I went to the Hobby Lobby out in Henderson to buy a cork board to keep track of my characters and their relationships.
Simple enough; until I got sidetracked by a cheap 18×24″ dry erase board. It was $8 and the store was giving an additional 20% discount. While the 20×28 unframed cork board was about $9 but wasn’t stiff enough to suit me.
I was forced to spring for a set of erasable markers to go with the board. But at $6 for a multicolored set, it’s probably cheaper than buying all those of post-its and thumb tacks I’d need if I went with the corkboard option. And, the markers take up a lot less space.
I haven’t fastened it to the wall because I like to sit back and scribble down my thoughts. Being erasable, I can also stare at it for a few minutes and make whatever I don’t like disappear.
The front is slick white, but the back is plain brown with no slick finish, so I can also use it as a support for my drawing pads. Of course, that will smear my notes, but by the time I resort to sketching, I’m pissed at the characters anyway.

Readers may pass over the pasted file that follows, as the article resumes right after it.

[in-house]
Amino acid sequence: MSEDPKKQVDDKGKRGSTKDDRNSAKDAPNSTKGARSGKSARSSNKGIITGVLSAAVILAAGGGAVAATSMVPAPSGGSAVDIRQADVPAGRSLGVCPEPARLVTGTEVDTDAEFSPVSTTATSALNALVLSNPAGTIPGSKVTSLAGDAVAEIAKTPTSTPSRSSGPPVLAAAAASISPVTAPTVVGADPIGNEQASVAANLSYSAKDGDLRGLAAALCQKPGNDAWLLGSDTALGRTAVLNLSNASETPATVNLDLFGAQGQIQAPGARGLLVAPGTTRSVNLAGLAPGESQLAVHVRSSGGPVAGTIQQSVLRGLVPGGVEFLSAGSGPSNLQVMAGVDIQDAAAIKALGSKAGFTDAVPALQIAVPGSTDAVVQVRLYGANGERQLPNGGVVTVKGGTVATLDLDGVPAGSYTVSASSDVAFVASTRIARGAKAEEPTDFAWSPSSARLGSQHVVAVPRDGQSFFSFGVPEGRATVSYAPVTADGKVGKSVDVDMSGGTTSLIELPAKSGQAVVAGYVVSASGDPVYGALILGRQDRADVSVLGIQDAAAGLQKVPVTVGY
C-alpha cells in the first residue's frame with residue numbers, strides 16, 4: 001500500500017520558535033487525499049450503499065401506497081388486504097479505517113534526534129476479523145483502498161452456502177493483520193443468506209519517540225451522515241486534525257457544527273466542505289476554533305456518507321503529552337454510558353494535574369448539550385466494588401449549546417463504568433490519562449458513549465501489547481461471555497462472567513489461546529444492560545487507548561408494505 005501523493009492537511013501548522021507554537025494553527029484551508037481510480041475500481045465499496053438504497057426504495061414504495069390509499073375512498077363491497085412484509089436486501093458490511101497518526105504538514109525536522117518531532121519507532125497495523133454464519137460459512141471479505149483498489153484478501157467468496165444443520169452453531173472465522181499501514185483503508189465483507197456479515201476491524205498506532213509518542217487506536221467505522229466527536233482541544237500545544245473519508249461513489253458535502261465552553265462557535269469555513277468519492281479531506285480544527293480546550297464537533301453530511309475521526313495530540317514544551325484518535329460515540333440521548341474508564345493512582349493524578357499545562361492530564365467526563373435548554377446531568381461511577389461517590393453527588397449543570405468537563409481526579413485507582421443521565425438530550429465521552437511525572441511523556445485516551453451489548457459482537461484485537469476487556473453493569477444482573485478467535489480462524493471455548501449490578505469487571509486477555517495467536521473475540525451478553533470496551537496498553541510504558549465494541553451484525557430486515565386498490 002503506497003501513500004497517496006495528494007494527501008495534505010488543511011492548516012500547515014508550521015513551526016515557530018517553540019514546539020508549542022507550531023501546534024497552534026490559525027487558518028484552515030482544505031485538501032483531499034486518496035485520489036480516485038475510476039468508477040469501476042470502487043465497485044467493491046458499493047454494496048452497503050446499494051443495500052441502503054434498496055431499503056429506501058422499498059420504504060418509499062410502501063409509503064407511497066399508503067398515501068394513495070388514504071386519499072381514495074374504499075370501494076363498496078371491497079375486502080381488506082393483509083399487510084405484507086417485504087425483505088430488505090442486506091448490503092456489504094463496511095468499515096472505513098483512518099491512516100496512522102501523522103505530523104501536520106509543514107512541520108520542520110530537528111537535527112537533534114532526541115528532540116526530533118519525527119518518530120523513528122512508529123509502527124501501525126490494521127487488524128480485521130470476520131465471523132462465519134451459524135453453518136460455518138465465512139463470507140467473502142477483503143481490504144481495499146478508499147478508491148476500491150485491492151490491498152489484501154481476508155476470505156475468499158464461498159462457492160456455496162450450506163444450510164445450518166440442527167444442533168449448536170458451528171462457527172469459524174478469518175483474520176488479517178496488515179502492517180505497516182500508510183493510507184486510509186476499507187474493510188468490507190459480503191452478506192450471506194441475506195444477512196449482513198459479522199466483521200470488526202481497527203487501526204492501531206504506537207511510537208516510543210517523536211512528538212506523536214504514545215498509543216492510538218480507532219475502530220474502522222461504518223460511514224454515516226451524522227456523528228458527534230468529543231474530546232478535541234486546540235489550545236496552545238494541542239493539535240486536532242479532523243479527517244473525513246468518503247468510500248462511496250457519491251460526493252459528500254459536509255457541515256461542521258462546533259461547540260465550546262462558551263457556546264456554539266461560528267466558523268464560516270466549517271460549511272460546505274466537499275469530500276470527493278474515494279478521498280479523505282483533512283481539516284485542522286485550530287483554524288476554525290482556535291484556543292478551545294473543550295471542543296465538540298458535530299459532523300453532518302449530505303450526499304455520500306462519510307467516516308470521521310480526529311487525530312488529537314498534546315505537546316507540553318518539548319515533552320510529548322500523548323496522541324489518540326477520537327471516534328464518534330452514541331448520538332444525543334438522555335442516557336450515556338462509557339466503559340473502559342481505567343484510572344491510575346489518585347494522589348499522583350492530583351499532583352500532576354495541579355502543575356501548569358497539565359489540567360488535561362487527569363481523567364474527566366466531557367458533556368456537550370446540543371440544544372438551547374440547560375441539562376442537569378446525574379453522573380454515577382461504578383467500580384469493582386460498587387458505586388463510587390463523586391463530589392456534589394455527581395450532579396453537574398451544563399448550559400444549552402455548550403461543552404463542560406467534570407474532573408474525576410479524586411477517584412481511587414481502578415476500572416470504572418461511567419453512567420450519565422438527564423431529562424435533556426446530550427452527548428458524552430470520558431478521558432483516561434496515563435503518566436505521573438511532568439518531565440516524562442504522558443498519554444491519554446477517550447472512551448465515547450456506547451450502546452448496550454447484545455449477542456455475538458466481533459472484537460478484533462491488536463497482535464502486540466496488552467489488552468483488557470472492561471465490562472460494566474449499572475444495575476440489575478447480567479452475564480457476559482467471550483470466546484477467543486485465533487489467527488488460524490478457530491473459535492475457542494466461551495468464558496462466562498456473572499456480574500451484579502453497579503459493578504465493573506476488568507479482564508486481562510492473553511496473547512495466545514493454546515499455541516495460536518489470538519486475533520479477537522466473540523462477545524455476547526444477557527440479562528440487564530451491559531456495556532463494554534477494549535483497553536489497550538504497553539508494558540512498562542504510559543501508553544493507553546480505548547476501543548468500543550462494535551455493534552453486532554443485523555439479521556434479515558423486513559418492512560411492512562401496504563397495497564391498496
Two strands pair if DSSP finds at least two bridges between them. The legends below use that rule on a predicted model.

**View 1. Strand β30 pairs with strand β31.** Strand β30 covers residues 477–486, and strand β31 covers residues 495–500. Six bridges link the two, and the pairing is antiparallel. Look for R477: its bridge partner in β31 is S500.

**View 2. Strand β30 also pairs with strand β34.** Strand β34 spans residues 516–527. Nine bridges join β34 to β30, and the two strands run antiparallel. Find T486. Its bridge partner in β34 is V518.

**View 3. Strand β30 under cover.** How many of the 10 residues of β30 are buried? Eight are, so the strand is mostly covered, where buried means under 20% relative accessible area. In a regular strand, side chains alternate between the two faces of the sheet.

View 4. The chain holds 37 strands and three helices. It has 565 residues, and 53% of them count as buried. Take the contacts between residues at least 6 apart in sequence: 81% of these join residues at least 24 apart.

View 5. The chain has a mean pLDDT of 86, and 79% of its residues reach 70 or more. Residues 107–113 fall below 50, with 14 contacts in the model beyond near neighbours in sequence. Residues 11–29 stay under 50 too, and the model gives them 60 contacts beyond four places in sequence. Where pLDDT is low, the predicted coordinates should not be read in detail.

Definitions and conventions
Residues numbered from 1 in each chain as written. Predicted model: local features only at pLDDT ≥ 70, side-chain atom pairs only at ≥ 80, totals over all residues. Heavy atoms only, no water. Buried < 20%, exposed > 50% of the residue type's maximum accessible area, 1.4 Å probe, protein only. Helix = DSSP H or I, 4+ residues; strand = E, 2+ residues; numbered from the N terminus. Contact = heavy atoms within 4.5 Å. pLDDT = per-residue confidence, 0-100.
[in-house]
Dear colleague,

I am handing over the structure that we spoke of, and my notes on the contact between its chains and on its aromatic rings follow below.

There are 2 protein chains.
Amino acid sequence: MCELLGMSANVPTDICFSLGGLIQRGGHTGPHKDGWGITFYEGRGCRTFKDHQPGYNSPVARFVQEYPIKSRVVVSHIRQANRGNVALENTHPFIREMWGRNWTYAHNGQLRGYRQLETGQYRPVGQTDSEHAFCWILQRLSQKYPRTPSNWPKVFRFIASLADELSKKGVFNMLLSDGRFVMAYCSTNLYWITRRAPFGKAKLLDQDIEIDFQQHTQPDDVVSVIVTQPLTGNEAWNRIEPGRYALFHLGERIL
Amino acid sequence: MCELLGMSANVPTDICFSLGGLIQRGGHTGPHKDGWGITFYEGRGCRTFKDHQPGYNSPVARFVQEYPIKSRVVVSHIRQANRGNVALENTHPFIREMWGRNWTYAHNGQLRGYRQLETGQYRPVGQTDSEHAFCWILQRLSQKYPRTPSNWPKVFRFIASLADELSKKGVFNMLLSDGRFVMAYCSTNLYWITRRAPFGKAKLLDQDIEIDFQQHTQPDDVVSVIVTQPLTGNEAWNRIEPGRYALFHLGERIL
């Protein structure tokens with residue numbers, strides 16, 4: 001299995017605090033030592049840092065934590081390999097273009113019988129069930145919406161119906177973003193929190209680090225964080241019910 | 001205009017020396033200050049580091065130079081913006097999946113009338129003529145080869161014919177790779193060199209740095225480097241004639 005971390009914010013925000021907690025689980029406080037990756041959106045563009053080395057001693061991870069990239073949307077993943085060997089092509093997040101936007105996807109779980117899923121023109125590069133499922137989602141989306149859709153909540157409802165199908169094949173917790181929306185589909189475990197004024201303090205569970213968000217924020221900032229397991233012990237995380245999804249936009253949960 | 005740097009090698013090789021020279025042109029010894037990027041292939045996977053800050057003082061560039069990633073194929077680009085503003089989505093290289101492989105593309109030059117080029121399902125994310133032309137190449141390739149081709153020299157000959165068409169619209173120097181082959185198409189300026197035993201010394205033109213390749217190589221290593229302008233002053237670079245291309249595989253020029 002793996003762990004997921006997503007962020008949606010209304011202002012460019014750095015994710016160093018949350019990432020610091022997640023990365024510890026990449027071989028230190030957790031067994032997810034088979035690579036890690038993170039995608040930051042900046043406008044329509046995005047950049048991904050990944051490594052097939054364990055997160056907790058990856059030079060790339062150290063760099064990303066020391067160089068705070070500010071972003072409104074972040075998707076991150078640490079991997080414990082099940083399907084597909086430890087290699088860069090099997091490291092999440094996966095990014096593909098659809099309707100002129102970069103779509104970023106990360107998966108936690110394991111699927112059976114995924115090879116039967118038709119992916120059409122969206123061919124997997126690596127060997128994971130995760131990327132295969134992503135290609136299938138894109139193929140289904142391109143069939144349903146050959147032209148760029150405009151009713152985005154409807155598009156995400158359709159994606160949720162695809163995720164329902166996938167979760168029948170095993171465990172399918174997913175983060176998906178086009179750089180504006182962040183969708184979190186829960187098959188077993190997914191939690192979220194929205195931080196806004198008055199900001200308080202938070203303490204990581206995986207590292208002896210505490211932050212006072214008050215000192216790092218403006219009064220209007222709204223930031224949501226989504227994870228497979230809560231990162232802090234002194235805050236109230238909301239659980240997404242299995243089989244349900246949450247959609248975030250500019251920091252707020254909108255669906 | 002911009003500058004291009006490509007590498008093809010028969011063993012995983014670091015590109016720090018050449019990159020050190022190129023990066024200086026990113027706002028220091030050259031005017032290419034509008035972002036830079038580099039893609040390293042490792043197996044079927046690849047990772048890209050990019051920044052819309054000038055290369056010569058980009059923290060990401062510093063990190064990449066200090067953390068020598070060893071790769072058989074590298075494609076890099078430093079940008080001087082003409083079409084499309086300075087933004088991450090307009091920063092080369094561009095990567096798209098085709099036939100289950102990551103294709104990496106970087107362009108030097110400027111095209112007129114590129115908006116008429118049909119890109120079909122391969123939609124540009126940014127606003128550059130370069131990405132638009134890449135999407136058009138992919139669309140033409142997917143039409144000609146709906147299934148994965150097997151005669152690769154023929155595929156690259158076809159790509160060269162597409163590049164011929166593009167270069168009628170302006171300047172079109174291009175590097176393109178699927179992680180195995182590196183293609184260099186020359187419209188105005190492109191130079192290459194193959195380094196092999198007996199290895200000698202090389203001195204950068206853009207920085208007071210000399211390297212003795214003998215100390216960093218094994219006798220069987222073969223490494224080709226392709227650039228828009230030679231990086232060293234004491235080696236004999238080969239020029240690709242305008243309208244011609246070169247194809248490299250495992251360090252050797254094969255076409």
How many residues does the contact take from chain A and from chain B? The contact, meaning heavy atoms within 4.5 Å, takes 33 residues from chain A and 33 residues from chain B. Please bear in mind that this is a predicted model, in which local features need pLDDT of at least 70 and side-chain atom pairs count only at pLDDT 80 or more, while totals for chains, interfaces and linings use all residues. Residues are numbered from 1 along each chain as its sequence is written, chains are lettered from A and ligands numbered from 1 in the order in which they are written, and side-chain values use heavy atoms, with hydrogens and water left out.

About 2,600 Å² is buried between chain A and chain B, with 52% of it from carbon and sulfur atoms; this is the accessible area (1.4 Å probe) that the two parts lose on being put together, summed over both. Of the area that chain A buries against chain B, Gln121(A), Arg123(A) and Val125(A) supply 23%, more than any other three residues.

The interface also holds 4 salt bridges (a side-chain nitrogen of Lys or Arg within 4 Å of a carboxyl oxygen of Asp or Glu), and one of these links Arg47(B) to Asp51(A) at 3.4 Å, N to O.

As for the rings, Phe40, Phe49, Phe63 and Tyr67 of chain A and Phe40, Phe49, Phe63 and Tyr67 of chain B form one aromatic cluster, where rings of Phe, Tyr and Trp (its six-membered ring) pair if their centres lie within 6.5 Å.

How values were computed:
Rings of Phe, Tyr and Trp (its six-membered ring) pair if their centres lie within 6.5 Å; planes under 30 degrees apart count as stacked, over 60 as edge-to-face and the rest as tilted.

This system works for me, but I grew up in a time long before computers and smartphones became ubiquitous. As a result, I prefer a handshake to IM, and writing physical notes rather than relying on my computer. –Besides, if the power fails, I can keep working.
But if you’re a lot younger than I am, and almost everybody is, you may want to stick with a tablet or computer.
Yes, I know I can do anything in Scrivener I can do with a whiteboard, but it doesn’t feel the same.
Yup, I’m old. So, pencil and paper suit me just fine.
As a side note: taking the advice of a published author. I’ve gotten in the habit of giving my characters generic names from the git-go, like Ralph, George, or Nancy, so they feel more like people. Which makes it easier to give them personalities. That way I have a chance of figuring out what the heck they’re going to do next.